Shower grout is composed of a mixture of water, cement and sand, which means that it is naturally absorbent and porous. If left unsealed, it would soak up mildew and dirt, which could take a long time to remove. Fortunately, you can fix the problem easily by sealing the grout, which you can perform at least once every year to help keep mildew, mold and dirt at bay. Here are the steps to take to accomplish this task without breaking the bank.
1. Secure the things that you will need. You will be able to purchase new grout and sealer—either solvent or water-based—from the hardware store near you. Other items that you will need are a course scrub pad, pair of rubber cleaning gloves, clean towel, applicator bottle, roller wheel, bucket and sponge.
2. Apply the new grout and allow it to cure for about 2 to 3 days before applying the new sealer. After curing and before you apply the sealer, allow some ventilation in the bathroom and wear gloves. Dip the coarse scrub pad into a bucket of clean water, and then scrub it on the grout lines to remove debris and loose grout. Follow it up by wiping with a clean towel. Allow the grout to dry up for about the recommended amount of time indicated by the manufacturer.
3. Pour the sealer into the applicator bottle, filling it up completely to the top. Place the top of the roller wheel on the bottle and securely tighten it. Then, turn the bottle upside down so the roller wheel will be pointing towards the floor.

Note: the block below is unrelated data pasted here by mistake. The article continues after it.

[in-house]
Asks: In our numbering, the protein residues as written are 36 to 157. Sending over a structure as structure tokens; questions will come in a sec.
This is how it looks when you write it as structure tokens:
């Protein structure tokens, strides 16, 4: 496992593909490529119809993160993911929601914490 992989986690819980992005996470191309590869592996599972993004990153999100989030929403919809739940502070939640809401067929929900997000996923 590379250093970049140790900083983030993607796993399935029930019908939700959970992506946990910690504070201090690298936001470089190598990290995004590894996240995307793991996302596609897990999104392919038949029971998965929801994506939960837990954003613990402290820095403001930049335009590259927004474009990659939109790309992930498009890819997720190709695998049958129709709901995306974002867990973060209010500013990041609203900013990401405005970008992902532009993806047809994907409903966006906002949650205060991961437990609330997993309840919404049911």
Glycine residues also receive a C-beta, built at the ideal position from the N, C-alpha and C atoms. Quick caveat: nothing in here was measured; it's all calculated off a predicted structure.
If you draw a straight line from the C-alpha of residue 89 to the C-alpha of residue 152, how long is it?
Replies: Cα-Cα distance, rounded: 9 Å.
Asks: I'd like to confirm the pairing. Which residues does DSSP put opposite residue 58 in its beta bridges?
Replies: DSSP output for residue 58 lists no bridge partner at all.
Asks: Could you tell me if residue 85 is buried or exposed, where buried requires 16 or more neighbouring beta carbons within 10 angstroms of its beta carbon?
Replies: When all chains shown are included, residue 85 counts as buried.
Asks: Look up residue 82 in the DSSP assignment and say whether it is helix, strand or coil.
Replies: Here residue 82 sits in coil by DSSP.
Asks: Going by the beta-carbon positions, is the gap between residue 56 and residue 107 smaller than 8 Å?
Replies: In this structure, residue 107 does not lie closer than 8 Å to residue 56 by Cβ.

4. Roll the wheel through the center of the grout lines to saturate them completely with the sealer and just work in small sections, removing excess sealer from the tile surface with dry paper towels. Like the grout, allow the sealer to dry up for the recommended amount of time indicated by the manufacturer, which is usually 5-10 minutes. Then, completely remove standing sealer from the grout lines with dry paper towels.
Continue this process for the other small sections of grout lines until each of them are completely sealed.
5. Follow the previous step to apply a second coat of sealer, and then allow it to dry completely. The number of coats you want to apply depends on the number of coverage you desire. Take note that your seal is adequate when you see the water beading on the grout surface and unable to penetrate.
6. Before you use your shower, you should allow the seal to cure for the recommended amount of time indicated by the manufacturer.
More Useful Tips
When applying grout sealer in shower, make sure re-wet the tile surfaces where the seal dried and buff it off with dry paper towels. You can also use an applicator bottle that has a brush tip or even a small artist brush as alternative. When choosing a sealer, remember that solvent-based sealers are more durable, while water-based sealers are safer top use and dry faster. Also, take note that solvent-based sealers do not comply with volatile organic compound regulations in almost all regions.